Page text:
Hip hop was gradually split into different sub-genres. The original purpose of hip hop became archived under names like “Conscious Hip Hop” and “Political Hip Hop,” phrases that continue losing interest to this day – see this Google Trends graph:

Hip hop’s unifying message became buried under a noise of hip hop proliferating as a cultural symbol for violence, drugs, sex and materialistic status.

Hip hop as a genre endured the era of the 2008 financial crash, the 2011 global protests, and the exponentially increasing gun violence, racism, drug abuse, suicides, terrorism and natural disasters, by doing what? Mostly, by promoting drug use, gun violence and the desire for respectable materialistic status that gives rise to the fears and problems in the world.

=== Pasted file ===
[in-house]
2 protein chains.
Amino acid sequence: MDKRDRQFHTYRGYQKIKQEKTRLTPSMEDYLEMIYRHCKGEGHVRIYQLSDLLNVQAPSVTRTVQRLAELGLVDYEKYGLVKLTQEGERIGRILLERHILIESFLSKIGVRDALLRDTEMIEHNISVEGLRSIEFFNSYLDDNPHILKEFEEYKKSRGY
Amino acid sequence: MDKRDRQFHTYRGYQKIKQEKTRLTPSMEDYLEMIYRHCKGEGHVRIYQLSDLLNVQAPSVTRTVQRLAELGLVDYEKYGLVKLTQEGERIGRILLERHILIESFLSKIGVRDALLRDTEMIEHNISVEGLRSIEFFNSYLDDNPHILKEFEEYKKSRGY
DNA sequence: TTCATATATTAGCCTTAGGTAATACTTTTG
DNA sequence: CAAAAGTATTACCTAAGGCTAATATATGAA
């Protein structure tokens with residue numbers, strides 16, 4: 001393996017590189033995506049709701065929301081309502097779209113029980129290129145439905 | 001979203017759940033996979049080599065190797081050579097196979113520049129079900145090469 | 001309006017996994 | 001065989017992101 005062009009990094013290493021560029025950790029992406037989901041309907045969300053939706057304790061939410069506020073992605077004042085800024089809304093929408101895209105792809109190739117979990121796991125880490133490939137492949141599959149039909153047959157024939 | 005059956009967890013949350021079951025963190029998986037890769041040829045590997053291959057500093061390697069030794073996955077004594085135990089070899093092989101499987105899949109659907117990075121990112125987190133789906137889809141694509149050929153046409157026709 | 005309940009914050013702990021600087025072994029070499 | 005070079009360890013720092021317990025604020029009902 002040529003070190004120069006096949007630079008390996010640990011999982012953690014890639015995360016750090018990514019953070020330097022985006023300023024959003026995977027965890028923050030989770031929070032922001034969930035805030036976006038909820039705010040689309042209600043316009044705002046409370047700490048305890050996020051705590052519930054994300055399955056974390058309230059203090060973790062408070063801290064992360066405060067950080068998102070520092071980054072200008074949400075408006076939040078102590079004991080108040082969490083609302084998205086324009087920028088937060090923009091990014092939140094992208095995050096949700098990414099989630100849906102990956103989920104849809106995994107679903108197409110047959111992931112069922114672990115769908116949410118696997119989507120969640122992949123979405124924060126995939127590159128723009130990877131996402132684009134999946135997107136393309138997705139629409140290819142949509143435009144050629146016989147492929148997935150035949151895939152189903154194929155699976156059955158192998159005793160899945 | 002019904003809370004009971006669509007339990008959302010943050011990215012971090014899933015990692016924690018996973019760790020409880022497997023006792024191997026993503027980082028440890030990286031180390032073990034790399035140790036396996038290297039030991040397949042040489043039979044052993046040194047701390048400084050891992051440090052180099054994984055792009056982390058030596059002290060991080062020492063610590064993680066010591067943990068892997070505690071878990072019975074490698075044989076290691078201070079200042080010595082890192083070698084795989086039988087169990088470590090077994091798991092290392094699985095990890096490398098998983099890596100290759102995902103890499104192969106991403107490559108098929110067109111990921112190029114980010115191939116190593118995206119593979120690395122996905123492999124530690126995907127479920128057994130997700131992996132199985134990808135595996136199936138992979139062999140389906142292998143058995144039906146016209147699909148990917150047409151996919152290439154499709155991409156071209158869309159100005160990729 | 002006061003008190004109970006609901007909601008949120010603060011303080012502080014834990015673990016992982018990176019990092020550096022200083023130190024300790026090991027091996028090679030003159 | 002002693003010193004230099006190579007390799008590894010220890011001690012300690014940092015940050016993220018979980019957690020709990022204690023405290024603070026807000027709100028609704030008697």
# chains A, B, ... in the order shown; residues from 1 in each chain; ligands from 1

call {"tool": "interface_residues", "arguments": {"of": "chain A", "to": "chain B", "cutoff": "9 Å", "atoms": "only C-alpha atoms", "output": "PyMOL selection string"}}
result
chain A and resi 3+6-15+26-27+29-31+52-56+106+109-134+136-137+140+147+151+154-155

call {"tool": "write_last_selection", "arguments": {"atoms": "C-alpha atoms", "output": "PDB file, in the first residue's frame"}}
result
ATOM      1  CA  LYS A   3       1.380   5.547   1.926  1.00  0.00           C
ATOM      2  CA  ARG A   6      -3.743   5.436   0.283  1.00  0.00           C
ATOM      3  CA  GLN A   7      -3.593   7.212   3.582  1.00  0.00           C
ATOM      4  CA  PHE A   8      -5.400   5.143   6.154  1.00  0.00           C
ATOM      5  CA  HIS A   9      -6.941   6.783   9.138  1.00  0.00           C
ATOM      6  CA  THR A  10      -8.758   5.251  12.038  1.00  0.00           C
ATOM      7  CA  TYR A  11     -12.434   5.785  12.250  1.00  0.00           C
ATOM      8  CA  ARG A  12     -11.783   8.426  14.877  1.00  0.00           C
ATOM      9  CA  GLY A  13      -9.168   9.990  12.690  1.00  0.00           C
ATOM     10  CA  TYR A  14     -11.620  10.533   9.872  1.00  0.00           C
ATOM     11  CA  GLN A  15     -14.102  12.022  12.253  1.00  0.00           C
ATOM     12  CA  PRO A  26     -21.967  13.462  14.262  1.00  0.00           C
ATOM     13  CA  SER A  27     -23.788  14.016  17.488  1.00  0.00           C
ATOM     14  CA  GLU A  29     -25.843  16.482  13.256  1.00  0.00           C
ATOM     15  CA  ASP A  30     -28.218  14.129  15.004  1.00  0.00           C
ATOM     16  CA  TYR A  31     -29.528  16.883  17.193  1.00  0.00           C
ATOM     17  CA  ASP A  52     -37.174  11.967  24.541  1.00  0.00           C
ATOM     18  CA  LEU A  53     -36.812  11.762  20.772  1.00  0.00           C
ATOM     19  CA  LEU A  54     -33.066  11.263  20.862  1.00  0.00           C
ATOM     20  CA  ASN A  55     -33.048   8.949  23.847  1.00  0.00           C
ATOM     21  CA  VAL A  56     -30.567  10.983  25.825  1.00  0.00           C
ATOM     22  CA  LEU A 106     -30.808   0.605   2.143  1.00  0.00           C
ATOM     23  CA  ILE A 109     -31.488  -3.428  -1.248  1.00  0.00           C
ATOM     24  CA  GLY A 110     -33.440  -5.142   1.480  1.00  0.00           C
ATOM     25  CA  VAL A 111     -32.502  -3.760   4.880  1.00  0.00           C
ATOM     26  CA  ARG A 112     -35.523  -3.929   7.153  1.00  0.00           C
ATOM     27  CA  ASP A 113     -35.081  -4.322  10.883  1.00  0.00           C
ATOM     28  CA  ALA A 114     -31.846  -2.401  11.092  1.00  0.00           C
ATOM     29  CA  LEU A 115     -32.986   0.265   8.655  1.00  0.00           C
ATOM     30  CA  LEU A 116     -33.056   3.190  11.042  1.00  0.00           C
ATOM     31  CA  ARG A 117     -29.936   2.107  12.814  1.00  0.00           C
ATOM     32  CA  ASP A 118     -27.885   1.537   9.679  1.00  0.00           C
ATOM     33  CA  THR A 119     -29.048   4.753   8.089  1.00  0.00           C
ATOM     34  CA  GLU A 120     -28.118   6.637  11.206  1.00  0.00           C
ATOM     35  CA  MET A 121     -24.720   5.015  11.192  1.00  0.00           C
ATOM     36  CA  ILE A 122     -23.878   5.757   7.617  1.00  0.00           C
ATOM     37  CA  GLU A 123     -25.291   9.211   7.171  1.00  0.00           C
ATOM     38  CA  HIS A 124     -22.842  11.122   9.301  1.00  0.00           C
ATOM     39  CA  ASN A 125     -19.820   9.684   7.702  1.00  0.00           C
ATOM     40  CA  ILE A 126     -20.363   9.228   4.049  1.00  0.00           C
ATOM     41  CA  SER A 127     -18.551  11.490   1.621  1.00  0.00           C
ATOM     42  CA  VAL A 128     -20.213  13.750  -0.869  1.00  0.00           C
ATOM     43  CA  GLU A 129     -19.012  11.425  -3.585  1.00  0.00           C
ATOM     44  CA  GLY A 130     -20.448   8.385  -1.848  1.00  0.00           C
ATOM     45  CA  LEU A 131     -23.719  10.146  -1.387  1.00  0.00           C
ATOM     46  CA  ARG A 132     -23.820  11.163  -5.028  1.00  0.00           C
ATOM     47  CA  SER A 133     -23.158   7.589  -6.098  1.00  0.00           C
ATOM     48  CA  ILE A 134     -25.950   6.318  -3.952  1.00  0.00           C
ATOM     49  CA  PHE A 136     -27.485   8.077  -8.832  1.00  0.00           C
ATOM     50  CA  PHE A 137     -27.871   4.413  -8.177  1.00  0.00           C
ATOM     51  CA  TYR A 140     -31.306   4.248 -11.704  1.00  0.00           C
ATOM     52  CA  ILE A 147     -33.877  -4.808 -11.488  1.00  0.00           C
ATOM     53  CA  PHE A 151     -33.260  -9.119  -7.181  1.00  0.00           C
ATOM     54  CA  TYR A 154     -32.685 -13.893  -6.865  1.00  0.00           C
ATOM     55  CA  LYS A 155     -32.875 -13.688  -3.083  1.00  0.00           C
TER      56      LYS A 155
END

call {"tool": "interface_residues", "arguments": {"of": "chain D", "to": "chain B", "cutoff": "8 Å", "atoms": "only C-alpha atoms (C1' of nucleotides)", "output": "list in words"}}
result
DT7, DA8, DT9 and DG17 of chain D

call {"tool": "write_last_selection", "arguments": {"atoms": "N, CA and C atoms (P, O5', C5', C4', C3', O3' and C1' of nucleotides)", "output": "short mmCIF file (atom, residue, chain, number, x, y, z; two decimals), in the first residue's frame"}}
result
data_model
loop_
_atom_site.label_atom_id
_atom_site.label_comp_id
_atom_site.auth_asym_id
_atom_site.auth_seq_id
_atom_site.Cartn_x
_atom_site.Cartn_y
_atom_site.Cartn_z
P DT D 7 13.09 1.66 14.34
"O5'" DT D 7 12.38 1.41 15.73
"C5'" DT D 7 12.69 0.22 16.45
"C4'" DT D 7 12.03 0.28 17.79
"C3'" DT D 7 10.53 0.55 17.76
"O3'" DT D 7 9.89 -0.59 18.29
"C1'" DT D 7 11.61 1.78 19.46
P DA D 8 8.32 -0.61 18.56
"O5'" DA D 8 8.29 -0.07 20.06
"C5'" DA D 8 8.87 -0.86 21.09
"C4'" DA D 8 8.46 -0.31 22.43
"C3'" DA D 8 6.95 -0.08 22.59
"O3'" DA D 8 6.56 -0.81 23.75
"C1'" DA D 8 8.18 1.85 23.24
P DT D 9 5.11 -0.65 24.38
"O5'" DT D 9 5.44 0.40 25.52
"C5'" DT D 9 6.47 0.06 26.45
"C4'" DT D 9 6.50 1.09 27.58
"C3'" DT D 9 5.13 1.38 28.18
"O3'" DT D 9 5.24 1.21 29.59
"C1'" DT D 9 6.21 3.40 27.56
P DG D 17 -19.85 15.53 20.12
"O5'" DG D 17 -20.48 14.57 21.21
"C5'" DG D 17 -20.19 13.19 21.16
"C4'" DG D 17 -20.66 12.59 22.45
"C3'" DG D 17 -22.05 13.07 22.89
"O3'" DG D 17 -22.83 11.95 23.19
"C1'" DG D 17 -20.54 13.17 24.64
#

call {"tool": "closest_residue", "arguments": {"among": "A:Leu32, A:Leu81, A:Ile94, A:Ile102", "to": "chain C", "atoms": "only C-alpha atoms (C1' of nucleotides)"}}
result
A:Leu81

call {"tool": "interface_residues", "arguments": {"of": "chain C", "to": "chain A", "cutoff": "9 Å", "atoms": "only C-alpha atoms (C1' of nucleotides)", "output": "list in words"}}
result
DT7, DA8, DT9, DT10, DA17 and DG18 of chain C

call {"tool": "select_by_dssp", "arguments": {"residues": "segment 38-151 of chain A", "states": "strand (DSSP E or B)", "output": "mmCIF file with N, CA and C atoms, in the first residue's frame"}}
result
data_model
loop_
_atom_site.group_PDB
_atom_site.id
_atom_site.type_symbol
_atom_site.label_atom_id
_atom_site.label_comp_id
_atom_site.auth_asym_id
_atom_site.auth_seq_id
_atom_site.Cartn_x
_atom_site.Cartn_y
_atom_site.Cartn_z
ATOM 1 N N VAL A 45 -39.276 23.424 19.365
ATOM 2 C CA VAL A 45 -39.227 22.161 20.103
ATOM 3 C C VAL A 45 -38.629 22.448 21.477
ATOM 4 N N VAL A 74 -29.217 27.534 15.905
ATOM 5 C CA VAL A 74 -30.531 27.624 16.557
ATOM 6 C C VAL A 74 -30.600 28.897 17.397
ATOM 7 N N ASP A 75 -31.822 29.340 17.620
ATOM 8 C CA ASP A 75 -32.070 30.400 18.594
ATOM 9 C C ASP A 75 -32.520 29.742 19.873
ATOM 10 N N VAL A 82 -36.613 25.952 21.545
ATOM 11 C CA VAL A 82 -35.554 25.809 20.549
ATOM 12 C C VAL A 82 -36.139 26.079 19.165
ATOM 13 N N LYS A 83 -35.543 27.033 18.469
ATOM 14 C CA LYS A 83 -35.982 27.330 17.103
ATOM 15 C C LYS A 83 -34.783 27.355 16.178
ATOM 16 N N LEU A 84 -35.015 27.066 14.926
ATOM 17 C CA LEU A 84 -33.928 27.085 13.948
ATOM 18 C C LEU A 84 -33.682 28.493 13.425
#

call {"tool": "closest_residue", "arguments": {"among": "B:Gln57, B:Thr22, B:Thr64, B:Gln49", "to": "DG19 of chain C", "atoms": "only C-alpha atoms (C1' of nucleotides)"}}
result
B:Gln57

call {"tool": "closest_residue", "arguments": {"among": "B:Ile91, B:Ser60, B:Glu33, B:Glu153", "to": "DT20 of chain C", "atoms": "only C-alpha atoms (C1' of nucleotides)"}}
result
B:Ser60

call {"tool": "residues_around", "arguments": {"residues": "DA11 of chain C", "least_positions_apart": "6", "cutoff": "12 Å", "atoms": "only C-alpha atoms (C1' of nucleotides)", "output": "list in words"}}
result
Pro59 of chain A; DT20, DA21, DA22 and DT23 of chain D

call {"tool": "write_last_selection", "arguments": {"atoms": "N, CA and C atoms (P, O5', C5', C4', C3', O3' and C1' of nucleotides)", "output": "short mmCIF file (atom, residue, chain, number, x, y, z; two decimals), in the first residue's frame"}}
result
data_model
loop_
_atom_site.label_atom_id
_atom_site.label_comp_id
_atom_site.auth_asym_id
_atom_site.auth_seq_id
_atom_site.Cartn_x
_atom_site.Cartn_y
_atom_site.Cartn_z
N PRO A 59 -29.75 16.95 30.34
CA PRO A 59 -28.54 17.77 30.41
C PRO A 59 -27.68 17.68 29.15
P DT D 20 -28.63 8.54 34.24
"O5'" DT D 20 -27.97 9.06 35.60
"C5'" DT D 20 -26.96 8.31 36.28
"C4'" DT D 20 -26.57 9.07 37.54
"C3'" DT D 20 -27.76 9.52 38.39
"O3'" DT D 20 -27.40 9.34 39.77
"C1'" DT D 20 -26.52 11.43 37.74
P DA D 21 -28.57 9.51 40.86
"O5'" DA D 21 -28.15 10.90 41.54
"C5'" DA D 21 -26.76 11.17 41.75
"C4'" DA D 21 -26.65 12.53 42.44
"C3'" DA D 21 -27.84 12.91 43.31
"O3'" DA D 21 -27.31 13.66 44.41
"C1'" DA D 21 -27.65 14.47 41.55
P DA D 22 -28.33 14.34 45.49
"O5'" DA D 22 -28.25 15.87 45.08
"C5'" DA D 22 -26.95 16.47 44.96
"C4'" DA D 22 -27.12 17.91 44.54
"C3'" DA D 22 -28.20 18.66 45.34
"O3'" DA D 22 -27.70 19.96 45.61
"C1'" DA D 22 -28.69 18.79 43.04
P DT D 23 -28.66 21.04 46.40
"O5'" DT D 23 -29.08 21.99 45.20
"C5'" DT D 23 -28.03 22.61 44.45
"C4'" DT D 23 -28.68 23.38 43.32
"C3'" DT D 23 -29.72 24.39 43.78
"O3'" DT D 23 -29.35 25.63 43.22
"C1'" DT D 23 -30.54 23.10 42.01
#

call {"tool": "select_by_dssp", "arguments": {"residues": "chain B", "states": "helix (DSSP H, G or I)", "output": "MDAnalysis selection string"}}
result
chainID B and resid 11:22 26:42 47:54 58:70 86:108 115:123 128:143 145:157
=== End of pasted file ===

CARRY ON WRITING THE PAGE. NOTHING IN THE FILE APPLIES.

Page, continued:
But 2019 represents an interesting turning point toward the revival of hip hop’s core values.

As tragedies increase, people become softer and more prepared to absorb unifying messages. Just as hip hop’s inception came when rival gangs had enough of the violence among themselves in a city setting, today in a national and international setting, there is a growing need to step up and inspire a culture of unity, peace and love, in a way that makes sense for today’s world. Unfortunately, one of the things that will help make sense of this need are more and more tragic events.

Nature acts on us in a way where if we fail to connect positively, then it sends us blows to wake us up to unite.